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Archived: Fitzwilliam Court

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Inspection report

Date of Inspection: 28 August 2012
Date of Publication: 8 September 2012
Inspection Report published 8 September 2012 PDF | 50.29 KB

People should be treated with respect, involved in discussions about their care and treatment and able to influence how the service is run (outcome 1)

Meeting this standard

We checked that people who use this service

  • Understand the care, treatment and support choices available to them.
  • Can express their views, so far as they are able to do so, and are involved in making decisions about their care, treatment and support.
  • Have their privacy, dignity and independence respected.
  • Have their views and experiences taken into account in the way the service is provided and delivered.

How this check was done

We reviewed all the information we hold about this provider, carried out a visit on 28/08/2012, observed how people were being cared for, talked to staff, reviewed information from stakeholders and talked to people who use services.

Our judgement

The provider was meeting this standard.

People’s privacy, dignity and independence were respected. People’s views and experiences were taken into account in the way the service was provided and delivered in relation to their care.

User experience

People we spoke with understood the choices available to them and said they were involved in making decisions about their care and support. People told us that care workers knew them well and the support provided was individual and based on their choice. They said that they were always asked their opinion and felt listened to.

People confirmed that they had copies of their care plan at their home so that they had access to these. We saw copies of these when we visited people in their apartments.

All of the people spoken with said that care staff were always respectful and polite. People said they were always offered choices when they received support. One person said, “Staff always ask what I would like to wear or what I would like for my lunch and do not just assume.”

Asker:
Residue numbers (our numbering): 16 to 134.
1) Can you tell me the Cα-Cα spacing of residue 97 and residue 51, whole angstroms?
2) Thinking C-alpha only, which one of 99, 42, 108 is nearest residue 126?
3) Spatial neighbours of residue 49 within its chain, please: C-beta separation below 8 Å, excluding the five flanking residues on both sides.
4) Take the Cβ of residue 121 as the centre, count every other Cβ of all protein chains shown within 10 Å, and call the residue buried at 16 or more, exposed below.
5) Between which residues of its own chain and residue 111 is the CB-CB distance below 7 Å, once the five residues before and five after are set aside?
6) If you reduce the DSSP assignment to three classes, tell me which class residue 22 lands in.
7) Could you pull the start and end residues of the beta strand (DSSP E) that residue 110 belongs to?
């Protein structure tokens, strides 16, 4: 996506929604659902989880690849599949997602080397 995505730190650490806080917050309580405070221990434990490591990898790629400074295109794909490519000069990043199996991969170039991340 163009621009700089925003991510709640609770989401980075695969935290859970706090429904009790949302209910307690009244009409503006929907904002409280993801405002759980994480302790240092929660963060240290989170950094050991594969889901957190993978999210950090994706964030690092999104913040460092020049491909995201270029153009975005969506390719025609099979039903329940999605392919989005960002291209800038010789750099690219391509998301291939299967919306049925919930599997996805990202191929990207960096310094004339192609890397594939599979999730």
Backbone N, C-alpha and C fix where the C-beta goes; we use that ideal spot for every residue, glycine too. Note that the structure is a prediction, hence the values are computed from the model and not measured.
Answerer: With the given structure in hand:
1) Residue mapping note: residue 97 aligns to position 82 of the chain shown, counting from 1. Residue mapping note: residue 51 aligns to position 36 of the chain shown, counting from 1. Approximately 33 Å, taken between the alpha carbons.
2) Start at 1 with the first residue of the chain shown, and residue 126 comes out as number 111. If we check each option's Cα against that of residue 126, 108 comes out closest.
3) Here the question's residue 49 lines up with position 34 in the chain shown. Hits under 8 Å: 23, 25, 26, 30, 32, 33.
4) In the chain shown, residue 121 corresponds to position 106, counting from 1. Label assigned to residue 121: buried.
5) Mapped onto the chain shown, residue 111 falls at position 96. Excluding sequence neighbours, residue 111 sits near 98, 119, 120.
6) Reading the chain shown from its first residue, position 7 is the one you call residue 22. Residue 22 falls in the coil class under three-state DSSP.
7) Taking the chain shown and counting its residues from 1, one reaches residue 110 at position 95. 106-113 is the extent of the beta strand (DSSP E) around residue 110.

We heard staff offering people choices such as what time they would like their lunch or what they would like for lunch.

People said that the service was reliable, although two people said sometimes they were not always informed if their carer was likely to be late. One person and their relatives said that on occasions staff didn’t always stay the agreed length of time. Other people said staff did stay the agreed length of time and sometimes stayed a little longer for a chat.

Other evidence

We checked three people’s care records and saw people’s care needs had been assessed. People we spoke with confirmed that they, along with their family and the manager from Fitzwilliam Court were involved with the assessment of their needs before agreeing to the care package.

When we spoke to staff they were able to tell us how people were supported with their care needs. The staff knew people very well and were aware of how to respond to them.

We found all of the care plans were detailed in relation to people’s preferences and choices. People and /or their representatives said they were aware of care plans and that they were involved in discussions and reviews about their care. This meant that people could have a say in how they received care or support. This consultation was confirmed and recorded as having taken place in the care plans we checked.

Staff told us that the issue of privacy and dignity was discussed at all training events.

They were able to describe how they maintained people's privacy, dignity and confidentiality and how important this was for people.

The provider should note that there were no clear assurance systems in place to monitor the punctuality of staff calls or the length time staff stayed and provided care and support at each call. The time of staff arrival and departure in the majority of people’s daily records checked were either incomplete or only half completed.